When it comes to marathon distance, the hardest part is mental. Because it is a long time to be mentally strong. You have four hours you have to keep talking to yourself, “Right, left, right, left.” And finding the time for training is half the battle. I love working out, but sometimes it can be difficult to dedicate just running time.
The hardest part about running this race was the emotions of coming back. A marathon is hard on you physically and mentally—and it also can be hard emotionally. You get to a point of exertion where you can’t control your emotions. And then you add the drama of last year and that experience coming back. I mean, I was running down the same streets I did last year. That was probably the most difficult part—keeping those emotions in check. And I was able to for the whole race until I got to the point where I was stopped last year. And then it just hit me. And when I crossed the finish line I was just in tears. It was this emotional closure from the year before.
What does running teach you?
Running teaches me that anything is possible. When I started running, the thought of participating in the Boston Marathon was nothing more than a pipe dream. And over the course of the last 10 or 11 years as I’ve made more of a serious commitment, I’ve seen myself improve. You can apply that across most aspects of your life. If you just stick with something, anything is possible. I sit here today feeling really proud of the fact that I was able to qualify and go and participate in something that was huge.
I think running teaches me dedication and consistency. If you want to perform well you have to put in the training. For me, running is my release. I usually don’t run with music. It’s my time to think and process things. It helps me be less stressed and happier.
I think running teaches me a lot of things. Everybody gets something different from running. I would say it gives me an outlet—a solitary place for just me and my thoughts. No other distractions. It also teaches me a lot of patience. In a marathon you have to be patient. If you’re elite it’s going to take you a little over two hours to finish the race. If you’re like me, it takes you about four hours. It’s a patient grind and it requires a lot of mental toughness to stay committed.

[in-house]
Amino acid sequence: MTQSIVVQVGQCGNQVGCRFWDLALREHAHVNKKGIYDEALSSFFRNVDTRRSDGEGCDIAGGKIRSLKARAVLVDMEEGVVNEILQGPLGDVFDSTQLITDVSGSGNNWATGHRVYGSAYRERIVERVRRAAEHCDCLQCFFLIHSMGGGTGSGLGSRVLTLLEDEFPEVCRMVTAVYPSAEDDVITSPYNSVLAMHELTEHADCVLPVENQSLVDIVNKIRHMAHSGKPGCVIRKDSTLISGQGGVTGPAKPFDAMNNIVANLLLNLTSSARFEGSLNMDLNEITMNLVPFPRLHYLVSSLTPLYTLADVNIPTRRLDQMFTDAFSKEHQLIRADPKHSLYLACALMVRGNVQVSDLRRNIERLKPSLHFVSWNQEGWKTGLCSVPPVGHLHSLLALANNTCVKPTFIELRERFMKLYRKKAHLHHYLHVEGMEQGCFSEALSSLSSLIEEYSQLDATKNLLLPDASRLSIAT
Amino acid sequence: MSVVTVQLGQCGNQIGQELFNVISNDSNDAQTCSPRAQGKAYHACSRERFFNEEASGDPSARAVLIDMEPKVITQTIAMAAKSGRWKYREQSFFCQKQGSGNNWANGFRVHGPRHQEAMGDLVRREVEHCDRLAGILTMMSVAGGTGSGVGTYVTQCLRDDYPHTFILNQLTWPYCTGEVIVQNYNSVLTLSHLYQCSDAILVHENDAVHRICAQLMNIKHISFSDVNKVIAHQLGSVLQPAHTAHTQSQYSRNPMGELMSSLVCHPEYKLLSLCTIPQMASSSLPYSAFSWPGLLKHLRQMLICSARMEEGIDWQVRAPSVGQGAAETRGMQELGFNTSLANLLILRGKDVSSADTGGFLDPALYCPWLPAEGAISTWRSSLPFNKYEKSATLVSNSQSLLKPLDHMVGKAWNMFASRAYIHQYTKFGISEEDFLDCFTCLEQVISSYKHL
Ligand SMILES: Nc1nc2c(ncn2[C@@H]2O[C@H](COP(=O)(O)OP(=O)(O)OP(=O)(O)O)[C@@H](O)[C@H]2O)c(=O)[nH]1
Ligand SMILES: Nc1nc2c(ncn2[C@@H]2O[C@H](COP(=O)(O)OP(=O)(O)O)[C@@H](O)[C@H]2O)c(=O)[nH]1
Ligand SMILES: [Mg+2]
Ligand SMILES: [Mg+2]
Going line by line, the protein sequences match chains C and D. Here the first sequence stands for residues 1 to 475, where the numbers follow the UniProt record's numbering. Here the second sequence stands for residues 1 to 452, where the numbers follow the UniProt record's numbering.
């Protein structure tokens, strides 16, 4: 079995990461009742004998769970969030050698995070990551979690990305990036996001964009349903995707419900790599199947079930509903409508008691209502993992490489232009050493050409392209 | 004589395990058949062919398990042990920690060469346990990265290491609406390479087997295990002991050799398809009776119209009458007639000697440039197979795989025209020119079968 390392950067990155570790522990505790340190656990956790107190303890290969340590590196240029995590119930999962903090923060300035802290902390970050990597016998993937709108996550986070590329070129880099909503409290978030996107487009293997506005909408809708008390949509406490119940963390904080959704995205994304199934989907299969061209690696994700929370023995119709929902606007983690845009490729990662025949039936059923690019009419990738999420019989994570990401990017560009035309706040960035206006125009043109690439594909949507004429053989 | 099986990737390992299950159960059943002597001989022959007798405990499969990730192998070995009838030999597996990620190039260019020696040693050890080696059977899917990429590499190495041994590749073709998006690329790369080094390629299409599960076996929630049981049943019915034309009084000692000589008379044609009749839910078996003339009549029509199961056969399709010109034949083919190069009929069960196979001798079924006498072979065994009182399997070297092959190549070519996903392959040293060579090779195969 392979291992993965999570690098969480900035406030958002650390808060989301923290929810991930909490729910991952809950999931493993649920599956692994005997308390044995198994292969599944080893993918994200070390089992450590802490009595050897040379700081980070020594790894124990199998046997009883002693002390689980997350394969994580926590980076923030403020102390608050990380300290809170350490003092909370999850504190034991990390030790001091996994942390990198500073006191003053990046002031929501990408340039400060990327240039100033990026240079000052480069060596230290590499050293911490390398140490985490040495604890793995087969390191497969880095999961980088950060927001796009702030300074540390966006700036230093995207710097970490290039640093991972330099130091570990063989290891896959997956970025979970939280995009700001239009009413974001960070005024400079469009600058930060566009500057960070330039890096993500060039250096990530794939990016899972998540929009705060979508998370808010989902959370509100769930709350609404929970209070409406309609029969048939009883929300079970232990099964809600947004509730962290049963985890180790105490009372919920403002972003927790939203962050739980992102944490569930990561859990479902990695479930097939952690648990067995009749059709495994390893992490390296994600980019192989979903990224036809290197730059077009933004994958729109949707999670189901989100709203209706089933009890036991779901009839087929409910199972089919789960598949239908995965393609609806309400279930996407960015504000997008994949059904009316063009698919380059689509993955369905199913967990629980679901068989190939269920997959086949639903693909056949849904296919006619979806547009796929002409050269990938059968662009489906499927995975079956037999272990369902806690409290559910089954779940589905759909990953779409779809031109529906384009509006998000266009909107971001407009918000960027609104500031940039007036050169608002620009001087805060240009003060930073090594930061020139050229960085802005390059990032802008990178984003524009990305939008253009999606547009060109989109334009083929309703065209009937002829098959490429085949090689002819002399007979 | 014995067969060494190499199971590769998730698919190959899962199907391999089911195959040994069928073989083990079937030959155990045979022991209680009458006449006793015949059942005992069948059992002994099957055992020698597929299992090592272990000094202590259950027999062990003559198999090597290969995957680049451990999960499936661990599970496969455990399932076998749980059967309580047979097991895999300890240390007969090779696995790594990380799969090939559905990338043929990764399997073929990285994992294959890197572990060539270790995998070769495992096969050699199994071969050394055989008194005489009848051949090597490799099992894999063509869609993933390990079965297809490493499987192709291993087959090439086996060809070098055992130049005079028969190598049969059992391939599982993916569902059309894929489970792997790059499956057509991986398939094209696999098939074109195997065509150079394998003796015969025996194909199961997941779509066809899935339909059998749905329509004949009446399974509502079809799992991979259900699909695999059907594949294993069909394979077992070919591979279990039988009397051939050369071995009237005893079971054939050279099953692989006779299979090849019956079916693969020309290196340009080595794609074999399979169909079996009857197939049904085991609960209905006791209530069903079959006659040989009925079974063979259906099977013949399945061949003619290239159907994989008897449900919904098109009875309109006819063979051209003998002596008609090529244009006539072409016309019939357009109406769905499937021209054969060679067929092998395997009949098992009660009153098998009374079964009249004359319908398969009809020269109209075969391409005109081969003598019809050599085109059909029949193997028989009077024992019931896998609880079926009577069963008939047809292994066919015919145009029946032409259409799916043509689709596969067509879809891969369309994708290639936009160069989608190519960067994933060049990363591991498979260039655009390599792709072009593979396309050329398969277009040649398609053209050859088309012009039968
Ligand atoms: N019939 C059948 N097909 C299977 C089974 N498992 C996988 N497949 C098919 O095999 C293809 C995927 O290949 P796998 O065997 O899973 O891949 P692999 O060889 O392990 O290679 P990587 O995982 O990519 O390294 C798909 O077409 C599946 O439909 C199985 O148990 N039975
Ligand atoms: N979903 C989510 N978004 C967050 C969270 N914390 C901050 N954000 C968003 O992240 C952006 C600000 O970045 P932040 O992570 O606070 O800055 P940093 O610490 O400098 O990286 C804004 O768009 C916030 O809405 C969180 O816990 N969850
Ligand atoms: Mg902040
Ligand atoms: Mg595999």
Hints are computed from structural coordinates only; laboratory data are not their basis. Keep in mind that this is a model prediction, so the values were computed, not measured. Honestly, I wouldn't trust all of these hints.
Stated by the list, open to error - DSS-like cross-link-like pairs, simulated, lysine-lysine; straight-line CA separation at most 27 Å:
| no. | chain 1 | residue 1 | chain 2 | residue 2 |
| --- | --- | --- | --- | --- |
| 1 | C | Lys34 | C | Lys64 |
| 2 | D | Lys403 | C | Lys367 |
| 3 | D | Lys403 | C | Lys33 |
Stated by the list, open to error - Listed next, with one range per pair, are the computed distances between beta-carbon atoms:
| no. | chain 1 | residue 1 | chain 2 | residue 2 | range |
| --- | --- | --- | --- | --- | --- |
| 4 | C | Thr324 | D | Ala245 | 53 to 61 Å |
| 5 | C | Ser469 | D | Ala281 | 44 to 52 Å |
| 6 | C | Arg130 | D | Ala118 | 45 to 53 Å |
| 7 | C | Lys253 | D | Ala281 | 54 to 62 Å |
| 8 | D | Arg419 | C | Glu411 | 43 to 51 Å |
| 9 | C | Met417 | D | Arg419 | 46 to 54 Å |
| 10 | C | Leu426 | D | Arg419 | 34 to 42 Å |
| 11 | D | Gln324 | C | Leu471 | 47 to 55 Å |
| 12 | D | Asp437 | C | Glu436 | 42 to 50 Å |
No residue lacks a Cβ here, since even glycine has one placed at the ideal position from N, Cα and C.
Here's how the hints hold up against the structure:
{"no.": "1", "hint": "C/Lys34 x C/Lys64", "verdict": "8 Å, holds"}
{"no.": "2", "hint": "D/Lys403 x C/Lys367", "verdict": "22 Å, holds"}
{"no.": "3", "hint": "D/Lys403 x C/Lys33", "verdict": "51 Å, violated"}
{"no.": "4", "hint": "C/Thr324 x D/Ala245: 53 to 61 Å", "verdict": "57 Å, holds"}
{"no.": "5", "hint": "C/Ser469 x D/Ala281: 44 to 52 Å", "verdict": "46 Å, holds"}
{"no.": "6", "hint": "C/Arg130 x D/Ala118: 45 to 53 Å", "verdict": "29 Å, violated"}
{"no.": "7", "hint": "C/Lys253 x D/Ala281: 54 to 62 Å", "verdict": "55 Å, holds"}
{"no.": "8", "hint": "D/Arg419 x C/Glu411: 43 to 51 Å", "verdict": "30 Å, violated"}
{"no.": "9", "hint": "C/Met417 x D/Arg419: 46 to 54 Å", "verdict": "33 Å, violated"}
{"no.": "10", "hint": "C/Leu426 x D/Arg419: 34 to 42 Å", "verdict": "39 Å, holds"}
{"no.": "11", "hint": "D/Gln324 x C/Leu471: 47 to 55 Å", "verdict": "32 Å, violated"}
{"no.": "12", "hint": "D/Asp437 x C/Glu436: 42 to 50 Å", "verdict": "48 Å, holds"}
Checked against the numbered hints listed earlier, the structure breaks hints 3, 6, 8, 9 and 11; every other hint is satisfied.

Tell us a little about what you do here at ProForm’s parent company ICON Health & Fitness.
I work in the Finance Department. From my perspective there are a lot of neat things people do in this company. I keep track of record keeping and the books and financial reporting. What I do doesn’t necessarily equate to the product and how great it is for the world. But it’s really fun to be a part of a company that is trying to make a difference. I kind of view myself as a recipient of what ICON does in the fitness industry.
I work for iFit and I’m a trainer here. I record video workouts that we release on YouTube for iFit Daily. I also build running routes through iFit, which requires that I spend a lot of time searching Google Maps for beautiful places in the world so people can take that experience of running outside and run indoors in beautiful locations.
I work in the iFit group. I manage the marketing content creation—so all the workouts and programs we provide to our users.